Auburn researcher awarded $2.6 million NIH grant for cancer immunotherapy research

By Virginia Speirs

Published: Aug 18, 2020 12:00:00 PM

Pengyu Chen Pengyu Chen

Pengyu Chen, assistant professor of materials engineering, was recently awarded a $2.6 million RO1 grant from the National Institutes of Health (NIH) to develop a biosensor designed to guide a novel immunotherapy for better treating cancer, specifically leukemia.

“I am very happy to see NIH continuously fund our research in the field of non-invasive point-of-care diagnosis,” Chen said. “This is a very exciting and promising field with lots of challenges and opportunities to explore.”

Chen’s biosensor is designed to evaluate the functions of an engineered T-cell with a protein called chimeric antigen receptor (CAR). The technology will enhance the visualization of the communication between CAR T-cells, immune system cells and cancer cells through real-time, direct signals produced from these cells in the tumor microenvironment.

CAR T-cell immunotherapy is one of the most recent innovative approaches for cancer treatment, however, it may have some adverse effects, according to Chen. The engineered T-cells could induce cytokine release syndrome, a rapid and strong inflammatory response that has potential life-threatening risk.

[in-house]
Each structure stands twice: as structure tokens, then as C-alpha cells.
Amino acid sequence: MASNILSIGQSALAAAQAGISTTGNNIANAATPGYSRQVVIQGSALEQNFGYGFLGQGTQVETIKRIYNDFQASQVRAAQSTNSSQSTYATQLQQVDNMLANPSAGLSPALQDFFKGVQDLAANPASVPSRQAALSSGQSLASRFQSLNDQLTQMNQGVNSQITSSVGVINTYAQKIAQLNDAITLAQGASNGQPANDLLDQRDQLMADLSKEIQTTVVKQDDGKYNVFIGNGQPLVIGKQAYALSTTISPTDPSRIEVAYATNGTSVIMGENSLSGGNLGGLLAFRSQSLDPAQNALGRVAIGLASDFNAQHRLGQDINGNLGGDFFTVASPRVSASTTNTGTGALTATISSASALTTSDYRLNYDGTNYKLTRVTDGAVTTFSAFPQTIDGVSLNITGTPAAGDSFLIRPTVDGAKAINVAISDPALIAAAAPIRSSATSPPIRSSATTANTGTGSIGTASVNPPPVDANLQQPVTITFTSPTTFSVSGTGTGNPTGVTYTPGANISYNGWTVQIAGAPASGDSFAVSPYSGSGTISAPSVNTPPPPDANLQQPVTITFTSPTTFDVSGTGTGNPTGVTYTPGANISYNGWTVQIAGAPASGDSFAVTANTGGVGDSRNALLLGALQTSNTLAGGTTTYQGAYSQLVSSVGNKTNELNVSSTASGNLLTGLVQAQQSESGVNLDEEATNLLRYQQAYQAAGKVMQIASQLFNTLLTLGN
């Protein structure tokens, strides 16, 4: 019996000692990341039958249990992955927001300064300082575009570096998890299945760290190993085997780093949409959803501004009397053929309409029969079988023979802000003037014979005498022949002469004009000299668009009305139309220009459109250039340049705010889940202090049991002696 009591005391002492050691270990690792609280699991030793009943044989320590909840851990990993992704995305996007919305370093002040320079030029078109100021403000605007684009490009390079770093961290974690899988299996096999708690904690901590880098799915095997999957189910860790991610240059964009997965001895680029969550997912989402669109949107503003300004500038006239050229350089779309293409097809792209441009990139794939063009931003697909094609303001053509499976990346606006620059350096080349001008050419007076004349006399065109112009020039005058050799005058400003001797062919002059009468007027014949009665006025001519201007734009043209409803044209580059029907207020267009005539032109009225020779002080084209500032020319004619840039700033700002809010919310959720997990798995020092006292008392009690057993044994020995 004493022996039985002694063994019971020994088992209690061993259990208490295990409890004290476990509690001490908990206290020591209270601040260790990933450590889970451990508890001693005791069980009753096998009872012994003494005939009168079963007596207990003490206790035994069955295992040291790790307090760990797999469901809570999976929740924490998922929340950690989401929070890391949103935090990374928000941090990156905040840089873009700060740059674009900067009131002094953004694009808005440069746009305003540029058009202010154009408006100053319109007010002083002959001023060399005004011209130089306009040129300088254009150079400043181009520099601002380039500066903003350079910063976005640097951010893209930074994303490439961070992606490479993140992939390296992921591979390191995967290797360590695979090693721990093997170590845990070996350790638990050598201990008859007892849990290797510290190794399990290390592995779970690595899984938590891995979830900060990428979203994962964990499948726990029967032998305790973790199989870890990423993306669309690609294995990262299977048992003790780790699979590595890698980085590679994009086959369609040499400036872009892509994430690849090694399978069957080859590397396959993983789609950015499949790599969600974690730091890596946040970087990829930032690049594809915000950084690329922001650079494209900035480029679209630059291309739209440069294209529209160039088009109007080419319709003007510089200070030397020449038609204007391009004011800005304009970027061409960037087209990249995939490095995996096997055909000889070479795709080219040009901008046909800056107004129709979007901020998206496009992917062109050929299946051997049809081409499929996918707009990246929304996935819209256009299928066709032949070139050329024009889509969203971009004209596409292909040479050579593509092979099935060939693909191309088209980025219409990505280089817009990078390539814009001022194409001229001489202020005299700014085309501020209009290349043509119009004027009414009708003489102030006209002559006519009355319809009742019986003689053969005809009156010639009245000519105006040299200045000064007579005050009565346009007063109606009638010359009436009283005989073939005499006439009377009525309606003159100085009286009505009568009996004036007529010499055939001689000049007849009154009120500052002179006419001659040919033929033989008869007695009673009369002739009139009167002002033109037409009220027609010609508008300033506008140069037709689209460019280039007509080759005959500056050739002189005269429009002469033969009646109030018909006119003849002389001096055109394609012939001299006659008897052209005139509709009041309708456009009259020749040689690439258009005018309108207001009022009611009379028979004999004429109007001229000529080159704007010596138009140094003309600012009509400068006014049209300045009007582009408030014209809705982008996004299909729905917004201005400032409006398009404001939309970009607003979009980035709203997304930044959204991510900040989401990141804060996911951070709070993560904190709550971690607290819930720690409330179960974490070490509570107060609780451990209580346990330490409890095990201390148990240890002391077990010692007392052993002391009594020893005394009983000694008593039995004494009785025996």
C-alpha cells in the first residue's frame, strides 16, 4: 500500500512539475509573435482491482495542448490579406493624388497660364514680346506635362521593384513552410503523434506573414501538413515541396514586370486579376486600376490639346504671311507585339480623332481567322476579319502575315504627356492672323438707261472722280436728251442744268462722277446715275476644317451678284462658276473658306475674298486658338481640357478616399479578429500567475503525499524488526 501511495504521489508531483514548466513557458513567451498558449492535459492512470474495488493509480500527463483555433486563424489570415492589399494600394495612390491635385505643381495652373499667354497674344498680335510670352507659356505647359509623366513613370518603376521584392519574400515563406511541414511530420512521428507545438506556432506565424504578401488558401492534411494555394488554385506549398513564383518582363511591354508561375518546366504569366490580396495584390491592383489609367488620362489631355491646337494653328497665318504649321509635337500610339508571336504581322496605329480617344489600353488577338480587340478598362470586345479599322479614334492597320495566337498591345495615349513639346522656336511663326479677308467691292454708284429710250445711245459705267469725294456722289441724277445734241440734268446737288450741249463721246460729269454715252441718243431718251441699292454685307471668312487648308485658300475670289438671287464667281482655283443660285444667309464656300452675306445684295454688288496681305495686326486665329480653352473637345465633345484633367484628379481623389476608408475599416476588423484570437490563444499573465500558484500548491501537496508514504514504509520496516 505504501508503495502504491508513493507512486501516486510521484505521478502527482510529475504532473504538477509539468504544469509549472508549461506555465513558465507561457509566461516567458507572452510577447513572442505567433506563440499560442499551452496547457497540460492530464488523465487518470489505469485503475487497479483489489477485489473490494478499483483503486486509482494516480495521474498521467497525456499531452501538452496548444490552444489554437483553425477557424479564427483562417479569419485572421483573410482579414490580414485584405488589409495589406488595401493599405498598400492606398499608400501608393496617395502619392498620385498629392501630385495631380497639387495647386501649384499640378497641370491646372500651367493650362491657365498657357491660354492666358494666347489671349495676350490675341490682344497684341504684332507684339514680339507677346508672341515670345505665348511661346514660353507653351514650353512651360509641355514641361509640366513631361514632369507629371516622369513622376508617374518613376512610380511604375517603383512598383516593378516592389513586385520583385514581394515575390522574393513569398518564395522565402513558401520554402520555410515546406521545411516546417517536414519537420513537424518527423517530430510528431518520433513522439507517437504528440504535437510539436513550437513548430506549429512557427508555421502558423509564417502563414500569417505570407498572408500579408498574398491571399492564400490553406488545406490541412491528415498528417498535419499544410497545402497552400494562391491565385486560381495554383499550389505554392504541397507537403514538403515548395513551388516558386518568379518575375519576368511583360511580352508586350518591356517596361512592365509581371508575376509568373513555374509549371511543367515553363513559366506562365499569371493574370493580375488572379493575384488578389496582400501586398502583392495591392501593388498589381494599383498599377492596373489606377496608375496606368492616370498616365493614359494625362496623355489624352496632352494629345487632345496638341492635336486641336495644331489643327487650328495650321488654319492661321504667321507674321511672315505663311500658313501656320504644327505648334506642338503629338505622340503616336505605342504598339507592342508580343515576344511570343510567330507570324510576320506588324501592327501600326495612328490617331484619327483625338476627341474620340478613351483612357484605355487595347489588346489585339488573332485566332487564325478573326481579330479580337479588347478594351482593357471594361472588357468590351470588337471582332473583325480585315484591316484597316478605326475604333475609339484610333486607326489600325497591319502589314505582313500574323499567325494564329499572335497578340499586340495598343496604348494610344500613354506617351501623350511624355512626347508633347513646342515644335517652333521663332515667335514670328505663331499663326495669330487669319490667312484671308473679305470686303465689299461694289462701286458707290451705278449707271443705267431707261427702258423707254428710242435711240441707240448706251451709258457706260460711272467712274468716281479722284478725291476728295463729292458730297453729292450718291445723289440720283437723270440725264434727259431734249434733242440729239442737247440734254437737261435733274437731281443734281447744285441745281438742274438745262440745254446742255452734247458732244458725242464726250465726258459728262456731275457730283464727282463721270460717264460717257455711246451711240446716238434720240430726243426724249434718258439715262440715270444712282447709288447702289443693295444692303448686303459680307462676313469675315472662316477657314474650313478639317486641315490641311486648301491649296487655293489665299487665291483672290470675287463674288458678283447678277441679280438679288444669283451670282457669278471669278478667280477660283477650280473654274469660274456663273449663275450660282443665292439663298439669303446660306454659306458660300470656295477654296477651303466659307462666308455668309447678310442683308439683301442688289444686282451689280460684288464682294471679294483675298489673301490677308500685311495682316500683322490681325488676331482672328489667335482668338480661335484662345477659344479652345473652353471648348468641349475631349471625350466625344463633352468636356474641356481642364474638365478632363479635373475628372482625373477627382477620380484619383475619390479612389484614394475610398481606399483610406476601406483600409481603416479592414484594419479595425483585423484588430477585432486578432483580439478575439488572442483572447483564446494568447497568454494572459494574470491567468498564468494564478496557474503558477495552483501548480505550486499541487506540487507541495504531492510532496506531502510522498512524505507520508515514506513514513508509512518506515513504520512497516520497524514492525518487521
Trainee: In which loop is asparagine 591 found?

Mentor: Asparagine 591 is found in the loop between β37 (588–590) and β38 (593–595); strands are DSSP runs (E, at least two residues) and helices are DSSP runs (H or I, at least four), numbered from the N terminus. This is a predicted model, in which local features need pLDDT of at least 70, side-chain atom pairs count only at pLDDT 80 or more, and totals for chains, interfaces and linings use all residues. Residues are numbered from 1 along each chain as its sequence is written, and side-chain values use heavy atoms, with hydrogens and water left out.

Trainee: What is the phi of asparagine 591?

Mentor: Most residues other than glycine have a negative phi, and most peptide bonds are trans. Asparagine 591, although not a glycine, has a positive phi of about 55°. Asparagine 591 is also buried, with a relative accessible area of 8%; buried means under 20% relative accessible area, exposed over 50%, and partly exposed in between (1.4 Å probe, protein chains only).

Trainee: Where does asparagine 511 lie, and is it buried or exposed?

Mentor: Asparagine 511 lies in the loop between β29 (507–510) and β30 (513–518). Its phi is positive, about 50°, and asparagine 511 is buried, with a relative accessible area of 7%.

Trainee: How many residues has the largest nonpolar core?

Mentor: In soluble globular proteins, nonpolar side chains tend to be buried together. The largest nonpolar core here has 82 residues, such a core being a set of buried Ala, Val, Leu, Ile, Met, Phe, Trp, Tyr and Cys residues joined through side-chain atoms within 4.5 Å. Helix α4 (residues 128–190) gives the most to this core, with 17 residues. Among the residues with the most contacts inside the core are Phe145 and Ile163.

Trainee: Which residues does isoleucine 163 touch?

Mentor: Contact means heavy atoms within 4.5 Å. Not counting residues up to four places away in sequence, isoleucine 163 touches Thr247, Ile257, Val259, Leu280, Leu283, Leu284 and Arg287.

“To ensure an effective yet safe immune therapy, it is essential to understand how these engineered T-cells initiate, activate, communicate and respond in the complex cancer environment in the human body,” Chen said. “Hence, there is an emerging need for biosensing technologies that allow real-time, dynamic and direct visualization of signals produced from these engineered T-cells and their communications with other cells.”

In order to better study CAR T-cell communication signals, Chen’s team, which includes co-principal investigators from New York University and Clemson University, aims to develop a biosensing system based on a nanoplasmonic ruler, which uses gold nanoparticles conjugated by a single strand of DNA and shows potential in measuring and imaging cytokine secretion in real-time. The results from this project could help develop a safer CAR T-cell cancer therapy that could be used for personalized cancer patient treatments. This biosensor technology could also be used to better understand the mechanism of acute immune responses in severe COVID-19 patients.

“I really appreciate the tremendous support from the department, the college, Dean’s office and Auburn University that allows us to compete at the highest level in the field of nanobiotechnology,” Chen said.

Media Contact: Jeremy Henderson, jdh0123@auburn.edu, 334-844-3591

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